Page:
Judge awards $18 million to man hurt in St. Louis County pileup, and wife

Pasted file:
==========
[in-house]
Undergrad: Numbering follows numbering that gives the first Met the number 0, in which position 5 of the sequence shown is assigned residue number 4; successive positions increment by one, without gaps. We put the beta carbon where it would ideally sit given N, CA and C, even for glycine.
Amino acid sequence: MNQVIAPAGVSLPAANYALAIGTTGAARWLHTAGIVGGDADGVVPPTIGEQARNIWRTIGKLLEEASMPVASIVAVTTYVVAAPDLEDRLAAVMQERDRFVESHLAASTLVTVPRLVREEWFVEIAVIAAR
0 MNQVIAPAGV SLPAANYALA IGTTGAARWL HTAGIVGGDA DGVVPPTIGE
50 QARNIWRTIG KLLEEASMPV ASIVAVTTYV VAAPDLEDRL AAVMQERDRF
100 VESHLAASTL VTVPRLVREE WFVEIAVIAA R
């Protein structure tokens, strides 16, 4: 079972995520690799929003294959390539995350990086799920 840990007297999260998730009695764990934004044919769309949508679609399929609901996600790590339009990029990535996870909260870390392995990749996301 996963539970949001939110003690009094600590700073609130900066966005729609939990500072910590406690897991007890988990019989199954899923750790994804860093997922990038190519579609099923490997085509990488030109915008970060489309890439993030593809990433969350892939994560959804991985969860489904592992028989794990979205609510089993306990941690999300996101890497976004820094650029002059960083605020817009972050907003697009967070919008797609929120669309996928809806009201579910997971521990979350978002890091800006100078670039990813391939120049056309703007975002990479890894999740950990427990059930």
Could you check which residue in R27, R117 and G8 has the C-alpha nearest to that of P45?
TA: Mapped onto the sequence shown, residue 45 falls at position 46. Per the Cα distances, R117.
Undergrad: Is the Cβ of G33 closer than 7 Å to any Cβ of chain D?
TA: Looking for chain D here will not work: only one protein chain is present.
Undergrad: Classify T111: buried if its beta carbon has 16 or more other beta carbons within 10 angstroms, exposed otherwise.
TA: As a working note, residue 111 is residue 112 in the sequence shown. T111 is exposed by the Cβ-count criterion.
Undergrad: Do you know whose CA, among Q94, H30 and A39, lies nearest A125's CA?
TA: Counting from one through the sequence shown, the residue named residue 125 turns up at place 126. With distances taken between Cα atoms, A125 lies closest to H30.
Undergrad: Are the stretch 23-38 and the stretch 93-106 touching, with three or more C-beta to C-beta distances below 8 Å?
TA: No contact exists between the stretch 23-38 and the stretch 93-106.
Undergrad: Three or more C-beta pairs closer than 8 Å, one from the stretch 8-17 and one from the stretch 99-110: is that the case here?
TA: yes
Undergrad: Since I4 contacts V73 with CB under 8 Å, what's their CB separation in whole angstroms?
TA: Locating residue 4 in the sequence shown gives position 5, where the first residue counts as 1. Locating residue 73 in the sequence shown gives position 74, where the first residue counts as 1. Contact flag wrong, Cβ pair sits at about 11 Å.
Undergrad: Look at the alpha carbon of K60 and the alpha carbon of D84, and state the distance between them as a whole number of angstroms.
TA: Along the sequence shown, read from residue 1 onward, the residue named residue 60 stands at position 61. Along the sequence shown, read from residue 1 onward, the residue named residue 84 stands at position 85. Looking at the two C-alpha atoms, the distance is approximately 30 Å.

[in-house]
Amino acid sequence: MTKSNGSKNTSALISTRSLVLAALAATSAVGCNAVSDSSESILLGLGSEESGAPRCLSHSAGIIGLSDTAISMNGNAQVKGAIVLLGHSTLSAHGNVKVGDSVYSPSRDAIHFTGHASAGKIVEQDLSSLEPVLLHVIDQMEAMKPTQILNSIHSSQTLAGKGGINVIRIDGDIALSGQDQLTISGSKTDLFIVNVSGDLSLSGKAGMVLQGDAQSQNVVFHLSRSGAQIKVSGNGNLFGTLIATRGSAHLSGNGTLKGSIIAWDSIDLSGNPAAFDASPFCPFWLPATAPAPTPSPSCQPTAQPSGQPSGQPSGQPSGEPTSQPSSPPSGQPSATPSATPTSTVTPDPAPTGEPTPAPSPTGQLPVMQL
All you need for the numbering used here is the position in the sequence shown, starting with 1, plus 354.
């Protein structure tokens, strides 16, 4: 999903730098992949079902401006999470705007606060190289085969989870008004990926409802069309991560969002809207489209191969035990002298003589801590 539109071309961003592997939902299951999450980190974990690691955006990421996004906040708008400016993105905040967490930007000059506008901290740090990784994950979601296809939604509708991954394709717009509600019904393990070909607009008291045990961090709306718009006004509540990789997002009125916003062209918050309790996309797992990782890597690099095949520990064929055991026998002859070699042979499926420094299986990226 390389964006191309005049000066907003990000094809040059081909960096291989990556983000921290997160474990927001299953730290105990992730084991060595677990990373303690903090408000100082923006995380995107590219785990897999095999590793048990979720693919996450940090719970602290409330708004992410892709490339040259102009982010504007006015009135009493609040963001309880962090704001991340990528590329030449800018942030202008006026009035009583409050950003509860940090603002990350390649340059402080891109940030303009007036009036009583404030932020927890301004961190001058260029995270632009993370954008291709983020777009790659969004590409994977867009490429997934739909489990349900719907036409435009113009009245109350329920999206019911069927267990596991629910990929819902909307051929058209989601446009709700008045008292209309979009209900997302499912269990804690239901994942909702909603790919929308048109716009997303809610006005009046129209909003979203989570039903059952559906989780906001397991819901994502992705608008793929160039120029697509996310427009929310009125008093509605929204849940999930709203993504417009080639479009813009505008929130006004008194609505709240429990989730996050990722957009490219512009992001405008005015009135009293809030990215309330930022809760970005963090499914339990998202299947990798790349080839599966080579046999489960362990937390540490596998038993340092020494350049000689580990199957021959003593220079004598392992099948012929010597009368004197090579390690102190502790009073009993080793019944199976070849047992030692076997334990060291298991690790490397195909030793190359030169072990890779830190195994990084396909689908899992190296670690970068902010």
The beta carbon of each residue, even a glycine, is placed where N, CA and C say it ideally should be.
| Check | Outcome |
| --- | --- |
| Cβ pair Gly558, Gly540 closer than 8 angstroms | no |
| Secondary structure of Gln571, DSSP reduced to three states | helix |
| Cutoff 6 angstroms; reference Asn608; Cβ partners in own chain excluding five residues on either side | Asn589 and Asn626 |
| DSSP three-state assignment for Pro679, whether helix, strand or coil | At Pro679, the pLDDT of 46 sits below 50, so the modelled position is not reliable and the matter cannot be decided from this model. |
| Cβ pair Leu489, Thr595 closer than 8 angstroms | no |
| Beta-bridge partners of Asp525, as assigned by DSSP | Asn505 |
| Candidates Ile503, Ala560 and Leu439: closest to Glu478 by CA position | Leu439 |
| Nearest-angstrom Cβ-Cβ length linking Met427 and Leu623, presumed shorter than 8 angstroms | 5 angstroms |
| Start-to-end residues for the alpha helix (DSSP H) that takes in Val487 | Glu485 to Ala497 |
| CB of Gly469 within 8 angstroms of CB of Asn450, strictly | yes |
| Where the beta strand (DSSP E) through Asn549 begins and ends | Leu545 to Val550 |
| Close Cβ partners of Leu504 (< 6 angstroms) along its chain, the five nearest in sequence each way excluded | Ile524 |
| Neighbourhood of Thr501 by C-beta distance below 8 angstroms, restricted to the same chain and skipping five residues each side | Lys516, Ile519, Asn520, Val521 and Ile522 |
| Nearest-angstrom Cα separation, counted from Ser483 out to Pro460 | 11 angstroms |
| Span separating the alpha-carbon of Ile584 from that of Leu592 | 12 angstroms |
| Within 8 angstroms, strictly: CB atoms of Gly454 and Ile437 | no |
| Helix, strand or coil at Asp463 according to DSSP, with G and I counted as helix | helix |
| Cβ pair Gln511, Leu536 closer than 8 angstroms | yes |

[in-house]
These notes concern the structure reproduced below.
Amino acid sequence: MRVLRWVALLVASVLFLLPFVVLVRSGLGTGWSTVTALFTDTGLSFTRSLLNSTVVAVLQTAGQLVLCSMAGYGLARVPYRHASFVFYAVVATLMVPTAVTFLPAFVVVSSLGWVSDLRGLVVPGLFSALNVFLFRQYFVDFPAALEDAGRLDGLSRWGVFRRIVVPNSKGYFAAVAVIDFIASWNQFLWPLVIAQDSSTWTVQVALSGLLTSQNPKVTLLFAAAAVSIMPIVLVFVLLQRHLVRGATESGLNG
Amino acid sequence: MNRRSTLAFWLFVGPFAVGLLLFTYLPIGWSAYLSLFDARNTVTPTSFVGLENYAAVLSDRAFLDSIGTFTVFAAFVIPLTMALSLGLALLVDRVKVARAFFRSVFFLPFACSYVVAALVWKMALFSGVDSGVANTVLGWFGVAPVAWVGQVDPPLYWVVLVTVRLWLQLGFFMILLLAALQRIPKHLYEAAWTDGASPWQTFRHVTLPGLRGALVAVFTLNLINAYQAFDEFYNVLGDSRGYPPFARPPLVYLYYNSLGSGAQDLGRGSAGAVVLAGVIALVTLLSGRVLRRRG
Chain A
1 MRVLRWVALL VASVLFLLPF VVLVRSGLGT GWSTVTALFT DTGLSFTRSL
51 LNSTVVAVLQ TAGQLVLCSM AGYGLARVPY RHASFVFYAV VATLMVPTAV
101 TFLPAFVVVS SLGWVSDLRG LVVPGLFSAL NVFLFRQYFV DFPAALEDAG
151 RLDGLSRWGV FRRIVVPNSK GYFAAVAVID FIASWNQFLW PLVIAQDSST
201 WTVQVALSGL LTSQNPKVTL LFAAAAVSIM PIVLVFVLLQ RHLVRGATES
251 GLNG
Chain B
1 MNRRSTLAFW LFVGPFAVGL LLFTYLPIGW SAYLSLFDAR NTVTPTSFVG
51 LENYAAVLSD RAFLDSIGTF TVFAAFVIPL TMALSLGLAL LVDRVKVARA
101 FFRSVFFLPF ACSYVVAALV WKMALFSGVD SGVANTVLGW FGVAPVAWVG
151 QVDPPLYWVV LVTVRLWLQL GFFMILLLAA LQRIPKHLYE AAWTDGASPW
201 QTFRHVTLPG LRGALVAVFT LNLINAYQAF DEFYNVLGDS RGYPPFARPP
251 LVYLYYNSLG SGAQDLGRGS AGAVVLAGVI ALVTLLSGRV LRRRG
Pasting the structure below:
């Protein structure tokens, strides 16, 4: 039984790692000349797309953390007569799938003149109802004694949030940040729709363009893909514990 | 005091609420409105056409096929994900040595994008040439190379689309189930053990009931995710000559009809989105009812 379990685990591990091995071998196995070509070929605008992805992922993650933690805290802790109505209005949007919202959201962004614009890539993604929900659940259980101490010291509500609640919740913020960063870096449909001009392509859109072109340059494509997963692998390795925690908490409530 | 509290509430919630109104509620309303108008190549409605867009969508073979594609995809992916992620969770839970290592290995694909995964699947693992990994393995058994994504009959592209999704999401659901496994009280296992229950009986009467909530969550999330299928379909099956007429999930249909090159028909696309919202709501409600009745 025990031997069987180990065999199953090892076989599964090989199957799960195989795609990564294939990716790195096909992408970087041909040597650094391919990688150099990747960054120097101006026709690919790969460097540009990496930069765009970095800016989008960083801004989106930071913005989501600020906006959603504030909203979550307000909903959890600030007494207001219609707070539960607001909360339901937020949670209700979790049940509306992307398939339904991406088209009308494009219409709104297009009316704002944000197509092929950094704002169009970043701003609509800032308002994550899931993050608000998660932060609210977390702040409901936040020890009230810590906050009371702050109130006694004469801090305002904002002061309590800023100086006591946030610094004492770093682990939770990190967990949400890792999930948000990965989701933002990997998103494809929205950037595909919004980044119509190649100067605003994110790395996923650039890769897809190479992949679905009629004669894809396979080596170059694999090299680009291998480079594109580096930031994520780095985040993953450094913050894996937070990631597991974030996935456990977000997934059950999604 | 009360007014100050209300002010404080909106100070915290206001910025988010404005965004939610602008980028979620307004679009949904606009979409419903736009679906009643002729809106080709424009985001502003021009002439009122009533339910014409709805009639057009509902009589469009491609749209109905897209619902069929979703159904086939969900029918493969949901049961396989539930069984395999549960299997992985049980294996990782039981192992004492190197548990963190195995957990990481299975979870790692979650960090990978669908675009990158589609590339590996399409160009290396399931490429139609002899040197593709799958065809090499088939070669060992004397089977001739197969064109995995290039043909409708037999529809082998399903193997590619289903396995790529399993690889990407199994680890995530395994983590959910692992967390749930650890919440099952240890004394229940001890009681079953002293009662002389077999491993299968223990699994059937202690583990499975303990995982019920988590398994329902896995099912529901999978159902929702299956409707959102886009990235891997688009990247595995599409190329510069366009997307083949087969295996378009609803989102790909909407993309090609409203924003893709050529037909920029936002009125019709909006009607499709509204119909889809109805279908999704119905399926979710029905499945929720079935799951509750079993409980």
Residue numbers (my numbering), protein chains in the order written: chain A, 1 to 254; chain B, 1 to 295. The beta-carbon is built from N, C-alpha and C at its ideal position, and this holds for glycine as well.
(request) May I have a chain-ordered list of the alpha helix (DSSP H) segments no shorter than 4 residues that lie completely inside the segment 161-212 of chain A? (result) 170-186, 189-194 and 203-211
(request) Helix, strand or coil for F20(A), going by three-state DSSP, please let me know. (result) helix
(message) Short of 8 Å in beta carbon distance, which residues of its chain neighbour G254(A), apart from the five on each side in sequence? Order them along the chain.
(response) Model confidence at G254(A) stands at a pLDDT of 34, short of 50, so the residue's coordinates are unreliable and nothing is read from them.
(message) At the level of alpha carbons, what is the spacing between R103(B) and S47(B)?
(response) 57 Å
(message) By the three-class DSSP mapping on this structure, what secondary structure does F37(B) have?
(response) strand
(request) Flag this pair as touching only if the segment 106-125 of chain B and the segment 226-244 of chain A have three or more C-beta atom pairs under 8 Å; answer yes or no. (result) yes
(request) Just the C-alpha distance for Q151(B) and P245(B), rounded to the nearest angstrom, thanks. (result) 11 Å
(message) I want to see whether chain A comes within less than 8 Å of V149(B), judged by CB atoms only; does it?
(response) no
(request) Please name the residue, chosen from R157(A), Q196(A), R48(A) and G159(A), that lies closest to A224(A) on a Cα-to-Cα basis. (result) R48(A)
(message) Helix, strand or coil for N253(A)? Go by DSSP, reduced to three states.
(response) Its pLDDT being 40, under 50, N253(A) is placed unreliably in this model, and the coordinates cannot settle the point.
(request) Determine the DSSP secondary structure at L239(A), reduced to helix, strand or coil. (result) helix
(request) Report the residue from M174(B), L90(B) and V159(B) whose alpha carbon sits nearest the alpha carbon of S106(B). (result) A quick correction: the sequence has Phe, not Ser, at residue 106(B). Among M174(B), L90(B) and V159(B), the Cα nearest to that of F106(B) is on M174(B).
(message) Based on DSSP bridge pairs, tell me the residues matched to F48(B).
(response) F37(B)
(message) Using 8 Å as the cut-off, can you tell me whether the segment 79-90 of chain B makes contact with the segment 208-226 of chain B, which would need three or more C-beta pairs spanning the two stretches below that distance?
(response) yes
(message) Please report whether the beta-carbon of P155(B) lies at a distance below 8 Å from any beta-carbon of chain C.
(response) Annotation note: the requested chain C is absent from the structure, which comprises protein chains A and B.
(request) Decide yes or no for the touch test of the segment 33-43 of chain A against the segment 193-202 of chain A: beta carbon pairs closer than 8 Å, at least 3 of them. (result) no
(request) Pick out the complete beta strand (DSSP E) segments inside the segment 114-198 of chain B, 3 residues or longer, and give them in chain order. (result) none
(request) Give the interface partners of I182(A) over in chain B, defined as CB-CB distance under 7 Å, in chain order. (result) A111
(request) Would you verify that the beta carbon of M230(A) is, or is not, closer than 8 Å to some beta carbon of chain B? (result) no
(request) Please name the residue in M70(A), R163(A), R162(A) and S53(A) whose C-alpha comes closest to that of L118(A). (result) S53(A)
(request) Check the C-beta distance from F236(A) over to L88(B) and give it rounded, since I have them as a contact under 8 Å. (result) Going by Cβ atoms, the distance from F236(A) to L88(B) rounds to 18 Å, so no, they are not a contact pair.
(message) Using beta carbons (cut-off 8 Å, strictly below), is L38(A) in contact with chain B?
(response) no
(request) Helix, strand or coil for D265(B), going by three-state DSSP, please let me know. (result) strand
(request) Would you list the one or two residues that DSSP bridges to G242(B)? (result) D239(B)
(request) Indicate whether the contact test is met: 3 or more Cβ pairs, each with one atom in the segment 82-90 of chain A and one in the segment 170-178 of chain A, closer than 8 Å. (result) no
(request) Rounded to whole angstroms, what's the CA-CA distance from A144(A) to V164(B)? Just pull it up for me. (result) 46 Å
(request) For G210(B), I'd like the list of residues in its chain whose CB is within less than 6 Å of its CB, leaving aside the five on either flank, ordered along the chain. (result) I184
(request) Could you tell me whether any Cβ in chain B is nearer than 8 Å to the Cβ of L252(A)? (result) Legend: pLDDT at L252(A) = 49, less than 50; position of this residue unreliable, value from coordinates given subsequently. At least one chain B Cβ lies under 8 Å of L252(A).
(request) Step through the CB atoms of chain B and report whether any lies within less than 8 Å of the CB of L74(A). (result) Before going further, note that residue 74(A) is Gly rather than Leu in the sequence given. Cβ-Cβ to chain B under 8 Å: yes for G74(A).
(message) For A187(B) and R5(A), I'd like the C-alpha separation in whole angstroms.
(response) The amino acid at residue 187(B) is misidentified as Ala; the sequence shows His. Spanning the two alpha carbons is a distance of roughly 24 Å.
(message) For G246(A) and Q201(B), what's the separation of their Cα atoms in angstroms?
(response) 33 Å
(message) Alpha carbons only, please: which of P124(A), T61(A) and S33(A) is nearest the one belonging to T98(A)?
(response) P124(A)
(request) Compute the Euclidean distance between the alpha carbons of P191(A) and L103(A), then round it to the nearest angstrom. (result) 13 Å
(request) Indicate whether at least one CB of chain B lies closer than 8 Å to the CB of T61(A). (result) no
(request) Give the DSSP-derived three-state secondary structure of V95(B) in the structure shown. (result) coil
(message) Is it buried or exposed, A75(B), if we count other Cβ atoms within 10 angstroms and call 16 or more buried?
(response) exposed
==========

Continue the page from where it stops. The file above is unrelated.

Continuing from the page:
Published on August 25, 2009 by stltoday.com ST. LOUIS A man severely injured in a pileup that killed three people on Highway 40 (Interstate 64) last year is entitled to more than $13.8 million from a truck driver and his company, a federal magistrate judge has ruled.   The man’s wife has been awarded $4.2 million more.   The crash left Mark Tiburzi, 53, under constant care in a nursing home, unable to walk or talk, according to his lawyer and court filings.     Trial is pending on involuntary manslaughter charges in St. Louis County against the truck driver, Jeffrey D. Knight, who was blamed for the wreck. Officials claim he was distracted by reaching for a cell phone when his tractor-trailer rig piled into vehicles near Interstate 270 on July 15, 2008, causing the three fatalities and 14 injuries.   Knight, 49, and the trucking company, Holmes Transport Inc. of Muscle Shoals, Ala., were ordered to pay damages for Tiburzi’s injuries because “it was more likely true than not true” that Knight was negligent, U.S. Magistrate Judge David D. Noce ruled after a one-day bench trial Aug. 11.   In addition, Tiburzi’s wife, Cheryl, of St. Peters, will receive more than $4.2 million from Holmes Transport Inc., the judge ordered. The couple have two children and a grandchild.   Tiburzi was on his way to the Brentwood Promenade from Chesterfield when the crash happened. He was a district sales manager for Famous Footwear.   Court documents claim Knight violated regulations by driving beyond the maximum hours allowed over an eight-day period.   The suit was in federal court because Holmes is based in another state, Alabama.   Gary Wiseman, the St. Louis attorney representing Knight and the company, could not be reached for comment.   Two of the dead were Amish from northeastern Missouri, heading to a funeral in Tennessee with a hired driver. Lydia Miller, 55, of Canton, Mo., died the day of the crash; Alvin Mast, 88, of Kahoka, Mo., died two days later. Charles “Keith” Cason, 55, a copier salesman from Caseyville, also was killed.   At least two other families have civil suits pending against Knight and the company.

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